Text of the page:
There’s more to it than finding the right specialist, though. Appraisers belong to professional associations. The International Society of Appraisers, for example, has chapters in Canada. The ISA has strict membership requirements, so an appraiser belonging to the association probably knows their stuff. You can search for appraisers by specialty on the ISA’s website.

If you’re having your home’s value appraised, you can enlist the services of a CRA or AACI-designated appraiser. These two designations are assigned by the Appraisal Institute of Canada. This type of appraiser specializes in real estate; they get called upon to determine the value of residential and commercial properties.

Speaking of home appraisal, let’s move on to some home insurance appraisal situations.

Should I have my home appraised?

When people think of their home’s value, they often think of the market value. Market value is what the home would fetch if it were sold. It doesn’t really have much to do with insurance. Home insurance is concerned with rebuild value. Rebuild value is the amount of money you’d spend to build your house from scratch on the same site. If your home were to be totally destroyed, your home insurance is there to step in and cover the rebuild costs.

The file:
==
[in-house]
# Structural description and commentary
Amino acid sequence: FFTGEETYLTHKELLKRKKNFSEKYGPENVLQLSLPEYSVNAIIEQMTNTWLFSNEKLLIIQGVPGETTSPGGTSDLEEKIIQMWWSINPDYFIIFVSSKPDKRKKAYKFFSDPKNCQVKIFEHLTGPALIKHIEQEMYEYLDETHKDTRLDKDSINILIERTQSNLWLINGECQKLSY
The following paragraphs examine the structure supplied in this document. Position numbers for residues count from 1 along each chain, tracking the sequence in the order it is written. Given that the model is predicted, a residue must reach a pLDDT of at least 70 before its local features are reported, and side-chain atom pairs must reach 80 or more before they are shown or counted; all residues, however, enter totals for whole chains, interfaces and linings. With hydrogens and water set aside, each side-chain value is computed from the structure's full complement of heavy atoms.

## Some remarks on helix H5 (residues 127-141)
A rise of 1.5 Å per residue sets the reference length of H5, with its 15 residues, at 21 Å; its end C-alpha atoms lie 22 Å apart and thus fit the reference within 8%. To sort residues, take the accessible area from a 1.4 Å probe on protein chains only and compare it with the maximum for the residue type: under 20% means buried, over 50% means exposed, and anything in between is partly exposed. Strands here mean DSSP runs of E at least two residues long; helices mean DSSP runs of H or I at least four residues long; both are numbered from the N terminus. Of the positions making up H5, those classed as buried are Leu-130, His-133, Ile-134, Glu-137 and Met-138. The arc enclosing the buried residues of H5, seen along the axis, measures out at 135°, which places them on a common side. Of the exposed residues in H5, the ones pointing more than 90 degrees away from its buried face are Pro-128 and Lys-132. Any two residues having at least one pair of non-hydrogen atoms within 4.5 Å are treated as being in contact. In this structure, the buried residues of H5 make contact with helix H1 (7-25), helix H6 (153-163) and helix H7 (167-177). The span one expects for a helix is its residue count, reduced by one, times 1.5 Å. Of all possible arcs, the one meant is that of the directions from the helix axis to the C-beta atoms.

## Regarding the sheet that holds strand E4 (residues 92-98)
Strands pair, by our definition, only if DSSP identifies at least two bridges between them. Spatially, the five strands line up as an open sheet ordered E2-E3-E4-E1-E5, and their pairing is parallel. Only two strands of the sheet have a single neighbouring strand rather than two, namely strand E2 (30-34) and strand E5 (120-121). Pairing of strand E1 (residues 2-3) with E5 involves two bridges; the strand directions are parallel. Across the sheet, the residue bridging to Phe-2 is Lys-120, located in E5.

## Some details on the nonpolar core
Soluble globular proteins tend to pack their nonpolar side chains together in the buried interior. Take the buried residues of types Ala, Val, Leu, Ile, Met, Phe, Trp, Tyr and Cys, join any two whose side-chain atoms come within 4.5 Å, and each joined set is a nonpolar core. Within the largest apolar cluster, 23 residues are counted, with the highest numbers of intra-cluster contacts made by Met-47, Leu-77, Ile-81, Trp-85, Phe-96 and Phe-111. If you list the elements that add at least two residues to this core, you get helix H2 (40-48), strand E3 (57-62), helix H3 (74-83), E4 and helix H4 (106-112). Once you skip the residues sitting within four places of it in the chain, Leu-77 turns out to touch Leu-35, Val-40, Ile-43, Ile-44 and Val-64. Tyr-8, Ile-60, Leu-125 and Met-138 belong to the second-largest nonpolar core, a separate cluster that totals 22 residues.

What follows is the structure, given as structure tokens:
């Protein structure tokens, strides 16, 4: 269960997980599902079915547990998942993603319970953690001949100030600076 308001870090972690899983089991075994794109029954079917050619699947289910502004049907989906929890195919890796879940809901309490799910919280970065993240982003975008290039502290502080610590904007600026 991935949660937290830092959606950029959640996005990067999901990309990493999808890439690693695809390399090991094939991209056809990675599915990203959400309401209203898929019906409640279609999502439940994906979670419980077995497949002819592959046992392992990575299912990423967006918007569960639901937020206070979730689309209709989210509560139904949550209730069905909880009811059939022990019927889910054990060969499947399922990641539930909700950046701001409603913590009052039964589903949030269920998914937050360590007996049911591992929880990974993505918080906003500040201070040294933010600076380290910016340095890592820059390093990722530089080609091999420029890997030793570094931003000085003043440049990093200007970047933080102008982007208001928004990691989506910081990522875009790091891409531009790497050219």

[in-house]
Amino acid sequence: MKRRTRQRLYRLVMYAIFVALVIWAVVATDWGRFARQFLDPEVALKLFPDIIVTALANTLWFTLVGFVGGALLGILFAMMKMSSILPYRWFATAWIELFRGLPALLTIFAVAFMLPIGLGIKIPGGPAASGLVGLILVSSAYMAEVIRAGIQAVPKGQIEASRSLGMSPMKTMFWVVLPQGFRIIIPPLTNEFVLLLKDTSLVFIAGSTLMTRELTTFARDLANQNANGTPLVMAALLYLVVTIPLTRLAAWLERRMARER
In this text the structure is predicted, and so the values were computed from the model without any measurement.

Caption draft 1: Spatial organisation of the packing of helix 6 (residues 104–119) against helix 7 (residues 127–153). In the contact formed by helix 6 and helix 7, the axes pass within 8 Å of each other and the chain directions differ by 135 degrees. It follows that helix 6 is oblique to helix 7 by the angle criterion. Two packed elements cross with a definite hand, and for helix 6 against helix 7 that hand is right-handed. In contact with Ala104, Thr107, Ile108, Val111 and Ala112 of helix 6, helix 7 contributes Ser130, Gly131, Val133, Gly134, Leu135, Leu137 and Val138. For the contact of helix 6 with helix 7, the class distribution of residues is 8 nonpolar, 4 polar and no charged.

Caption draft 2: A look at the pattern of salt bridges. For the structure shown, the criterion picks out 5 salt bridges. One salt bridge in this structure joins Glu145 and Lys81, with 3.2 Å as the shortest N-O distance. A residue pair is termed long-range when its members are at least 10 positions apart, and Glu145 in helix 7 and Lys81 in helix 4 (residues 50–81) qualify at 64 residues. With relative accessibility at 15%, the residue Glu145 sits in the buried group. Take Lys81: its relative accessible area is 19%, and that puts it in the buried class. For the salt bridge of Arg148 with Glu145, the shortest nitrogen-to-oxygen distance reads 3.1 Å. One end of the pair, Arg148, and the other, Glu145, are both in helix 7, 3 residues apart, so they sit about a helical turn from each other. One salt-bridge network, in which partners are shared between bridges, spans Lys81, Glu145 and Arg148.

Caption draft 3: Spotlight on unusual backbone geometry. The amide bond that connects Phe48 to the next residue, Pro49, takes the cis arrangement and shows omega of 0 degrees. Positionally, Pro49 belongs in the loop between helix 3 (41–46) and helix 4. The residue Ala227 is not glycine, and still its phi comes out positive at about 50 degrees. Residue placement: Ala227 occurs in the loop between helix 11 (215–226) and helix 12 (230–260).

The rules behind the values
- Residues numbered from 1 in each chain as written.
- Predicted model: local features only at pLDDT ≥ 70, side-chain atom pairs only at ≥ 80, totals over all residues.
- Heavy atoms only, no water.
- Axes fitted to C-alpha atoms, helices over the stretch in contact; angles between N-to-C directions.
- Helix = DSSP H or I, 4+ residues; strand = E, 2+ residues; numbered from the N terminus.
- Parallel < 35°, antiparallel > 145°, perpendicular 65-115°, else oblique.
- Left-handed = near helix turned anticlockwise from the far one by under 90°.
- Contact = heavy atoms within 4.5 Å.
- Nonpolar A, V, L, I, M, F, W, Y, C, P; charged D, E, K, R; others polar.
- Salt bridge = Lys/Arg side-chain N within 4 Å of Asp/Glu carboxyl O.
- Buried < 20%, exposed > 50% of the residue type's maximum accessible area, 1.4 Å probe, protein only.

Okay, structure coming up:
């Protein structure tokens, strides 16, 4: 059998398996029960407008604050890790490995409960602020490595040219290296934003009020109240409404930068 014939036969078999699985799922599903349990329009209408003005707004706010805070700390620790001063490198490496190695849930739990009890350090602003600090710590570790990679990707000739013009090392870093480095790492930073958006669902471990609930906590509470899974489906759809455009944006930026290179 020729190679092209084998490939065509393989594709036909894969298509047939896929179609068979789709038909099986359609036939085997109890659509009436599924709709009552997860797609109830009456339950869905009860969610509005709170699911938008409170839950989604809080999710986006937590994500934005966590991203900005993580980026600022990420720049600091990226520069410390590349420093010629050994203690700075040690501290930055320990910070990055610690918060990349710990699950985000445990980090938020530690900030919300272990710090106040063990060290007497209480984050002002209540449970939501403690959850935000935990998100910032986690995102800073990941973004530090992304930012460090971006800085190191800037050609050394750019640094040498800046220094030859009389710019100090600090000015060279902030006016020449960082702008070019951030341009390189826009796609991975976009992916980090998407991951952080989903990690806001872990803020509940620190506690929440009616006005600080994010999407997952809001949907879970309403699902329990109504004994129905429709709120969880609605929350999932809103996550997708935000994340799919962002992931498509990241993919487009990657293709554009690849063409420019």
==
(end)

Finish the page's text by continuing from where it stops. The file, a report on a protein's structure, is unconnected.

Insurance companies usually determine your home’s rebuild value on their own, based on the size, construction type, and many other factors. For that reason, you don’t generally need to have your home appraised when you buy home insurance. Appraisal is more for the benefit of mortgage lenders.

In fact, there can be big downsides to insuring your home for less than the insurance provider’s suggested rebuild value.

Some home insurance providers—like Square One!—offer Guaranteed Replacement Cost Coverage, which means they’ll cover the full cost of rebuilding your home even if it exceeds your policy limit. In order to receive this coverage, your rebuild cost coverage limit has to be at least as high as the recommended amount. If you choose to insure your home for less than that amount, you won’t have Guaranteed Replacement Cost Coverage.

An important thing to remember:

A home appraisal is not the same thing as a home inspection. A home inspection focuses on very different details. The inspector investigates the home’s current condition and notes any necessary repairs; an appraiser is just figuring out what the home is worth. Inspections are for the home buyer, and appraisals are for the mortgage lender.

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When do I need my possessions appraised?